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Bill Of Rights And Australia

            Australia would not be a better place if we had a Bill of Rights. Challenging state power can be done both informally, fluctuating methods of challenging government decisions by persons affected by the decisions and processes, and formally, methods that are more permanent than the informal methods of challenging government decisions. In both the Mabo and Wik cases state power was challenged formally through the High Court of Australia. There are a variety of advantages and disadvantages both statutory and constitutional for Australia to enact an Australian Bill of Rights but the disadvantages clearly outweigh the advantages hence Australia would be a better place without a bill of rights.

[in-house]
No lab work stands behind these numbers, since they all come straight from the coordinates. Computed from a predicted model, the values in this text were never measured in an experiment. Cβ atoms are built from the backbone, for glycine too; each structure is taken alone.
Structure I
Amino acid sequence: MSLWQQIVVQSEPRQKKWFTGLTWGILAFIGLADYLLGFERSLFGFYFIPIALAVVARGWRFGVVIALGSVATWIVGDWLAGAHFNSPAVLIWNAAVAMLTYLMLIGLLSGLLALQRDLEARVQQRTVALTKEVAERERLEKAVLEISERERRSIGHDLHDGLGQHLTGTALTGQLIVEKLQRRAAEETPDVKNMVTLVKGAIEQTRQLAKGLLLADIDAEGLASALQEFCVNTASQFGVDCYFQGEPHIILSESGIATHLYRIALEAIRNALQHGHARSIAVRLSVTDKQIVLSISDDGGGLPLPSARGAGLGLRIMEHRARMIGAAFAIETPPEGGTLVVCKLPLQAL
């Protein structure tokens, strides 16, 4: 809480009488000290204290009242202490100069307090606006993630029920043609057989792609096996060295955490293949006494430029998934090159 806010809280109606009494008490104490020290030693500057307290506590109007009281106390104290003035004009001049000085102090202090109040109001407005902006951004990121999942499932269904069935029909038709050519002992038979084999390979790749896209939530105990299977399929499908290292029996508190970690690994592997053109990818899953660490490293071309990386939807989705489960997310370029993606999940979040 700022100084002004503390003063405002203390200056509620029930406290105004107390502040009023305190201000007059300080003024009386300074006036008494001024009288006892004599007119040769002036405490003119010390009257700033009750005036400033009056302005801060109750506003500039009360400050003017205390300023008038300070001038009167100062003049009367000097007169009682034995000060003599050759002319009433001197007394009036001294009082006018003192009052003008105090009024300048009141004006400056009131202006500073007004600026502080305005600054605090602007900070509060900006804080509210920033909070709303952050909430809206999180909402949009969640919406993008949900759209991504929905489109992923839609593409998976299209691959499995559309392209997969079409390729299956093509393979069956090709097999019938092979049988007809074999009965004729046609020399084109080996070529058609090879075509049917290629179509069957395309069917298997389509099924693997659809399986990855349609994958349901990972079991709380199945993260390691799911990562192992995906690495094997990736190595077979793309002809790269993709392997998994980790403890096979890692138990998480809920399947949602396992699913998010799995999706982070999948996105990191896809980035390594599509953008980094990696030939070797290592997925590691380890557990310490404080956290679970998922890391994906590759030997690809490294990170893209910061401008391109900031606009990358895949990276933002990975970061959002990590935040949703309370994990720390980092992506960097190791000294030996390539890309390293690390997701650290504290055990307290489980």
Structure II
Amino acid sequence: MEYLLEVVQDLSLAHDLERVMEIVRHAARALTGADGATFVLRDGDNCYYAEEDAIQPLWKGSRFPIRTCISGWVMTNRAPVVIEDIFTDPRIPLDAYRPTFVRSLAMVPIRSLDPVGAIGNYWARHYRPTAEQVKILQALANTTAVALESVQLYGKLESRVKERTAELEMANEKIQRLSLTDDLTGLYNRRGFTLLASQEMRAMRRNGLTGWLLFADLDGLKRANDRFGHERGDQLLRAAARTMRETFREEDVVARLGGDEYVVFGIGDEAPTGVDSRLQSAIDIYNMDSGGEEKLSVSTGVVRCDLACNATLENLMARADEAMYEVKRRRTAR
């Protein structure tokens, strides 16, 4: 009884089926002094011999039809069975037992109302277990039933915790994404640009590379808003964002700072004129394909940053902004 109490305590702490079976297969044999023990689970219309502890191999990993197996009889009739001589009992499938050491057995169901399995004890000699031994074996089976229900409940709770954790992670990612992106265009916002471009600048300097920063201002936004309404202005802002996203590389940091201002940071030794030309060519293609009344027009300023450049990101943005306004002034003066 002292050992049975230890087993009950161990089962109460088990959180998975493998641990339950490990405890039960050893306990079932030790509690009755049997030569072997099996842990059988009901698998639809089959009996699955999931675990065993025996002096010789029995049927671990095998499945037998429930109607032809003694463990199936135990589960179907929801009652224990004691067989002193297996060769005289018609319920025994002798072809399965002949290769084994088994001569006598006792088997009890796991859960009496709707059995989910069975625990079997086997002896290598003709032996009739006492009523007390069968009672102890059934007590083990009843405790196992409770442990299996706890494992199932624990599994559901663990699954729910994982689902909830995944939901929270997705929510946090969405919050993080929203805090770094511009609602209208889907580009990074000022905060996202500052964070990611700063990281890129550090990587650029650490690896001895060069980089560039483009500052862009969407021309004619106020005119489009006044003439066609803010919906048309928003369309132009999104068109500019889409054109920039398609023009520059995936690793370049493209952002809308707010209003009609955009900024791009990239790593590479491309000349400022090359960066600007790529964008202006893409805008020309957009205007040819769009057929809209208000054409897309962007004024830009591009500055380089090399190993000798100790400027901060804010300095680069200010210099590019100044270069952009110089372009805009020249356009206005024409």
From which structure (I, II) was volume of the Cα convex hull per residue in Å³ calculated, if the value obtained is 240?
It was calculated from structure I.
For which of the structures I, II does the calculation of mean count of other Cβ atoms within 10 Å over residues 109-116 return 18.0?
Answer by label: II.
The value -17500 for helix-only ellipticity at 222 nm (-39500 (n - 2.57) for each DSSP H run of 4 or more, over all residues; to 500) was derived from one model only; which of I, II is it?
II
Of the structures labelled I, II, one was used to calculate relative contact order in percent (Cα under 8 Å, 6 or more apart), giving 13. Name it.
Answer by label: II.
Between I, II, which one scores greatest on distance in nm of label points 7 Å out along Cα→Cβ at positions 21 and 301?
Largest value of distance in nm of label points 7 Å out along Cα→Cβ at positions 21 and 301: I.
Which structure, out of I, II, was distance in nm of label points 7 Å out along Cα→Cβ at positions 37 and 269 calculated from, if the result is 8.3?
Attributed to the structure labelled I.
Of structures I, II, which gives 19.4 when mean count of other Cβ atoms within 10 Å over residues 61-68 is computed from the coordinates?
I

Informal means of challenging state powers are fluctuating methods of challenging government decisions by persons affected by the decisions and processes. "Informal" signifies a lack of permanence and consistency in the person or organisation approached to aid the challenge. The media have become one of the great powers in any democratic form of government and in particular a major informal way of challenging state power. The power of the media is based on their ability to provide wide access to information in an extremely fast time. The media, who are less accountable to society and therefore less concerned with standards than the government, are able to use their electorate-informing power to challenge and question the abuse of state power. Members of Parliament are the elected representatives of society. Their role is to represent the interests and legal concerns of their electorate. In the event of a problem relating to the use of state power, an individual will often ask their member for assistance. Provided the use of the members" power does not harm their political aspirations, the member may use government contacts and political power to have the problem resolved in favour of the individual challenging the state power.

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